Up to a point I agree with your observation.
However, I do consider the period to have a bearing on the confidence that can be appled to the proxy. Eg, if at around this time there were 150 years worth of instrument temperature records for the area in question, if there was a divergence between tree rings and just 1 year, one might reasonably conclude that tree rings were a good proxy, had been well tuned to the instrument record and the divergence of just 1 year was an outlier.
However, what we have here is a very different issue. Of the 150 year record, we have a divergence for 60 years, ie., for more than 1 third of the period. This is no outlier. Further, one imagines that the errors associated with temperature records grow wider the further back in time one goes. Put another way, the most recent 60 years is likely to be the most accurate years of data. So what we have here is divergence with the best and most accurate 60 year period of the data.
This would suggest that there was either at the very least a tuning error and the proxy should be tuned to the last 60 years of the data, or if that made nonsense then the conclusion would inevitably be that the proxy is wholly unreliable PERIOD such that the entire proxy should be thrown out.
I consider that any reasonable scientist in this situation would conclude that the proxy was not reliable and should be wholly disregarded, and that no reconstruction of events earlier than the instrument record could be made using that particular proxy.
Thus the issue here is why did these scientists not throw out the proxy? Why did they go ahead and make a reconstruction based upon what was so obviously a patently flawed and unreliable proxy?

Richard S Courtney says:
“‘Hide The Decline’ is the same scientific fraud as the ‘Piltdown Man’. In each case, selected parts of two different items were spliced together to provide a misleading scientific indication. This is scientific fraud of the worst possible kind.”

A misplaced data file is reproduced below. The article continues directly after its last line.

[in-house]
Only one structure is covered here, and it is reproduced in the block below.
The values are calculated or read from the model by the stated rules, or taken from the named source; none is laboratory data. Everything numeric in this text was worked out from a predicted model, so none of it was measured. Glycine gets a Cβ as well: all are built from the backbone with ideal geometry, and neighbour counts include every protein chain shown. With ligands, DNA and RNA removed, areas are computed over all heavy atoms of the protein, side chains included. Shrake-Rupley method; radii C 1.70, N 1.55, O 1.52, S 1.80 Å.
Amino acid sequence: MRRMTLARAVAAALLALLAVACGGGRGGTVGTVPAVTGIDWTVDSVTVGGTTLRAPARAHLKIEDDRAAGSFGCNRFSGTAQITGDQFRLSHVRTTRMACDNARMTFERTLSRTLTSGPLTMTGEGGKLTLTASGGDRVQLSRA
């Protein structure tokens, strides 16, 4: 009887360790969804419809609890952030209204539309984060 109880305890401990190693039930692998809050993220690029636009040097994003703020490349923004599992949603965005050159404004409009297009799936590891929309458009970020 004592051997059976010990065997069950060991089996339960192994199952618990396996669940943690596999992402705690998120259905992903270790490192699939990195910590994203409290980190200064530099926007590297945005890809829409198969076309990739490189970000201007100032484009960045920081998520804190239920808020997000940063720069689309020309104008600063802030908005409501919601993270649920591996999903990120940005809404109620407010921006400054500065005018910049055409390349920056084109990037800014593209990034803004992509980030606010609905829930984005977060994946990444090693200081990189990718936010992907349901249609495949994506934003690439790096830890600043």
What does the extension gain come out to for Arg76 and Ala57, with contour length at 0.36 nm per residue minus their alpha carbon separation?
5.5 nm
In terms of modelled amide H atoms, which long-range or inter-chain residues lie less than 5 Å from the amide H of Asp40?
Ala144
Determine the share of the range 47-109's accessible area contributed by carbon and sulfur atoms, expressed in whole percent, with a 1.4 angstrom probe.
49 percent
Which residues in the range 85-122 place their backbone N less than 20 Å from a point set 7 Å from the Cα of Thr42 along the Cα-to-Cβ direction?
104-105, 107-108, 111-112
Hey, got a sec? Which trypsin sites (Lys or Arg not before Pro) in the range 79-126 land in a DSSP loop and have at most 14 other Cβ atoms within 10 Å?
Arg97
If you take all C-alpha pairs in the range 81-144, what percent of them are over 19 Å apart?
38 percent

Shouldn’t that read Piltdown Mann ?

MattN

Not that it matters much when you can plug in any random number set and STILL generate a hockey stick….

Jose Suro

Looking at this the other way around, If we assume for a moment that the tree-ring reconstruction is correct, would this not imply that it was the station record that was “played with” past 1940?
Best,
J.

Jimbo

For most analysts, the seemingly unavoidable question at this point would be – if tree rings didn’t respond to late 20th century warmth, how would one know that they didn’t do the same thing in response to possible medieval warmth – a question that remains unaddressed years later.

This need addressing. I want Warmists here to give me an answer.

John Marshall

As time progresses we are being made aware of more and more data that has been ignored, altered or twisted to exaggerate the political goal of carbon control. These liars are not worth the ‘scientist’ label.

Skeptic Tank

Have you found a graph in that flaw?

Roger Carr

Julian Williams in Wales: Shouldn’t that read Piltdown Mann ?
I still prefer Meltdown Man

PascalM.

I think you should read this. This is how they reacted on Broeckers paper: Was the Medieval Warm Period Global?
http://di2.nu/foia/0983196231.txt
http://di2.nu/foia/0983286849.txt
Some extracts:
“but he thinks Ed Cook is a great scientist”
“If we’re all on board, than an appropriately toned, “high road” response here might be appropriate.”
“let Wojick stew in his own juice”
“perhaps we should just try to let this thing die…”
“there *is* a hemispheric “medieval warm period” and “little ice age””
“Science’s embargo policy prevents me from saying much more at this time, but if Phil or anyone else wishes to comment further,”
“I’m not the only one who thinks the IPCC is nuts.”
“So Julia handled it.”
“Wally told me he didn’t reckon Tom, so Tom has got the right vibes.”
“Julia is asking us to go ahead and hinting at a joint response.”
“Could add in that even the two warming periods in the 20th century don’t show warming everywhere – especially the early 20th century. Remember that we are all basically averaging long series together and if one site shows a big warming/cooling then the average will to a lesser extent.”
“Thanks for your message regarding Wally Broecker’s Perspective. I am of course aware of this Perspective coming out – I did handle it – I realized that it was perhaps a bit handwaving in parts but I thought the message was interesting and the article passed the usual screening.”
Found on:
http://mittelalterlichewarmperiode.blogspot.com